Bridge Academies, which received funding from the World Bank’s private sector lending arm, is among the sources of school fees in Kenya. The World Bank Group is under pressure to divest from Bridge, which has been scrutinized for evading regulations on education standards and providing untrained teachers with poor working conditions.
In Kenya and around the world, the solution is not predatory finance and private education. People need quality jobs with living wages, a goal that Doing Business undermines.
The World Bank suspended the Employing Workers Indicator (originally Hiring and Firing Workers) from the ranking calculations in 2009, after criticism that it degraded labor standards. However, Doing Business continues to gather the data, and the 2020 report devotes a chapter to the subject.
Countries are lauded for “making employment regulation more business-friendly” through flexibility measures including higher caps on overtime hours, reducing extra pay for working at night or on rest days, longer probationary periods before workers become permanent, and expanding the allowability of temporary and fixed-term employment relationships.
Doing Business justifies these flexibility measures in the name of letting workers “choose their jobs and working hours more freely.” Workers do need a genuine measure of control over their time and input in scheduling, especially to balance care responsibilities. This can be achieved through negotiations between employers, trade unions, and governments to balance the needs of everyone.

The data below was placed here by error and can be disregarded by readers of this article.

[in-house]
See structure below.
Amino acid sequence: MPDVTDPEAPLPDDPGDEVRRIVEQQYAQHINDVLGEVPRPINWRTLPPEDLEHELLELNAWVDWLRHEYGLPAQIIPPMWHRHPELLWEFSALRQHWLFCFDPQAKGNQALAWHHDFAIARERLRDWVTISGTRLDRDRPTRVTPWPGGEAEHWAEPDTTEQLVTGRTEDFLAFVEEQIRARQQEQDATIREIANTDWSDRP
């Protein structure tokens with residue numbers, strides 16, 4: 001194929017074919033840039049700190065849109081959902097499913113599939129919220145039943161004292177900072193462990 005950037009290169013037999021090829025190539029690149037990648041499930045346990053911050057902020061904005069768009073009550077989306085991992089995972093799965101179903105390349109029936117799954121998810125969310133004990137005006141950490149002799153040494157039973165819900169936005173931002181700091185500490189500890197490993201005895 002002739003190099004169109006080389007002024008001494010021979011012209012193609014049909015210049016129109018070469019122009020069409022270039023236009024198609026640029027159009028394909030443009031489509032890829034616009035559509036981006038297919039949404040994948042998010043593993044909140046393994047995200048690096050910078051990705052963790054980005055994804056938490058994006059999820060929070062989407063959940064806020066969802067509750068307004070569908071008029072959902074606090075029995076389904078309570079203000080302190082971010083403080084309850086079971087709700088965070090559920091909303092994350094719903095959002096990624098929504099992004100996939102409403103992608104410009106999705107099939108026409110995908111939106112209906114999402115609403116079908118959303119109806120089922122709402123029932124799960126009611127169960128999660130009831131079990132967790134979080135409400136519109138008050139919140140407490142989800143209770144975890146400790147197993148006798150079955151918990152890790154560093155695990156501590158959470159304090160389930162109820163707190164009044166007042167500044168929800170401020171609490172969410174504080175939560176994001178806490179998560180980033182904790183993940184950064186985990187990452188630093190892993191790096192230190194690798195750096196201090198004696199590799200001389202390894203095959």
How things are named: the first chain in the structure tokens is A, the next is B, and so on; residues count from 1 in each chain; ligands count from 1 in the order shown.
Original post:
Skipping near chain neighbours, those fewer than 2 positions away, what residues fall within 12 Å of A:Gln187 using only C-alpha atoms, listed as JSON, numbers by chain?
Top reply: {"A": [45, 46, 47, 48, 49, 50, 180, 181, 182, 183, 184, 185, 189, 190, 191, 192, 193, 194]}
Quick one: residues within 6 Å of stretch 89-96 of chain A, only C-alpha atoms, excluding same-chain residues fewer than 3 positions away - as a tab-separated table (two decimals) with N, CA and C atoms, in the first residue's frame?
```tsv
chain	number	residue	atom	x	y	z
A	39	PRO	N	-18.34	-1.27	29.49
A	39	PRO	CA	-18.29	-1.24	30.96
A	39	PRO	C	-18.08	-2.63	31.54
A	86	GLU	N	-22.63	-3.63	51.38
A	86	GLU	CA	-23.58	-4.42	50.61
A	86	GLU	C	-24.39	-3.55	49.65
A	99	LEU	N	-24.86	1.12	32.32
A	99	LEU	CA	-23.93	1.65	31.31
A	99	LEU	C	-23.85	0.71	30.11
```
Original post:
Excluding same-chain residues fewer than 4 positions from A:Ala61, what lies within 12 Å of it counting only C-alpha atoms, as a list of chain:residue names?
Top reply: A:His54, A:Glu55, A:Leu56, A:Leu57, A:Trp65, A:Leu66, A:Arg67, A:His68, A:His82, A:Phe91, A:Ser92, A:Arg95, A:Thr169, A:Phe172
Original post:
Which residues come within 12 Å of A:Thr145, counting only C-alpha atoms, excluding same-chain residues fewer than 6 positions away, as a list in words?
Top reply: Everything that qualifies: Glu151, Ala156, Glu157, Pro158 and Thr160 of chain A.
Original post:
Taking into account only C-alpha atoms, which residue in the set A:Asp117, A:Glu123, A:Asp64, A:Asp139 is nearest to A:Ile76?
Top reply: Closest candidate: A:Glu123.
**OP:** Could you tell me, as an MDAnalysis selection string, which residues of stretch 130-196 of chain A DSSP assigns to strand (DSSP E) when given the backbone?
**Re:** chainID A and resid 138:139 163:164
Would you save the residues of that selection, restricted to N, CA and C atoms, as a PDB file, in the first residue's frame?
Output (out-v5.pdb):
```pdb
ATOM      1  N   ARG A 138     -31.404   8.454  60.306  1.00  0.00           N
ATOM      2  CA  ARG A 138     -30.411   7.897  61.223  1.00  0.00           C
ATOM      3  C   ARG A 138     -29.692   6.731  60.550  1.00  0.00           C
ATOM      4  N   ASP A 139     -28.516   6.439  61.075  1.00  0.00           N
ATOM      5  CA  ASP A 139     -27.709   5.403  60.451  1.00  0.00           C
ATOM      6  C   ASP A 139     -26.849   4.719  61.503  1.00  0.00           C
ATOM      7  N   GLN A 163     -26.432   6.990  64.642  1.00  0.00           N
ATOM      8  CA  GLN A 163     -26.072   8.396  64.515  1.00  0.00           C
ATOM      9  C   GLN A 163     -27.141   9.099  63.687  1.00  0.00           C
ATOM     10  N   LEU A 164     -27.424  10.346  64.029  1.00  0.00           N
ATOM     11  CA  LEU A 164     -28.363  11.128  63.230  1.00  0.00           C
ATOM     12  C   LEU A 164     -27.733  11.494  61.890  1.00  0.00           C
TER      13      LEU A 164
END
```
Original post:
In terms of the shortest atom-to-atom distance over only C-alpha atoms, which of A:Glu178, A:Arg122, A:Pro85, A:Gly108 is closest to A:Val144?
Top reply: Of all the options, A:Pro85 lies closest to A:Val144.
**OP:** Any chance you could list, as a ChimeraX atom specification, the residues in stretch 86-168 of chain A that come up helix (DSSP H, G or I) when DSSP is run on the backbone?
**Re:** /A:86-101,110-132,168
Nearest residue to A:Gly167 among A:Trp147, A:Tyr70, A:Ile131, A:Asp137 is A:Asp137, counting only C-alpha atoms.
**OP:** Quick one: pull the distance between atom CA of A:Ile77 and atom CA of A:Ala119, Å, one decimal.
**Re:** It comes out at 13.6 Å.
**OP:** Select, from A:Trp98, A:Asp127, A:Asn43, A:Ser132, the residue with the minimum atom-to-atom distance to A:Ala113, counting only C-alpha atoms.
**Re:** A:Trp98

The ILO Global Commission on the Future of Work highlighted the need to address both insecure under-employment and excessive hours. The Commission recommended “the adoption of appropriate regulatory measures that provide workers with a guaranteed and predictable minimum number of hours” and actions to ensure that on-call work is dignified and “the choice for greater flexibility is a real one.” They suggest additional pay for work that is not guaranteed and compensation for the waiting time of on-call workers.
The changes promoted by Doing Business give employers even more power, allowing them to threaten non-renewal of employment contracts and keep workers insecure with unpredictable scheduling.
Doing Business 2020 states that Serbian “authorities could benefit from the experience of Hungary where employers have the freedom to use fixed-term contracts of up to five years for tasks of a permanent nature.” The interest here is only in the “freedom” of business to do whatever it pleases, without considering the effect on working people.
Another justification is that flexibility will improve the ability of women and youth to participate in the workforce. The citation for one such claim is a decade-old study from Simeon Djankov, a central figure in the founding and survival of Doing Business. Evidence from the real world contradicts these claims.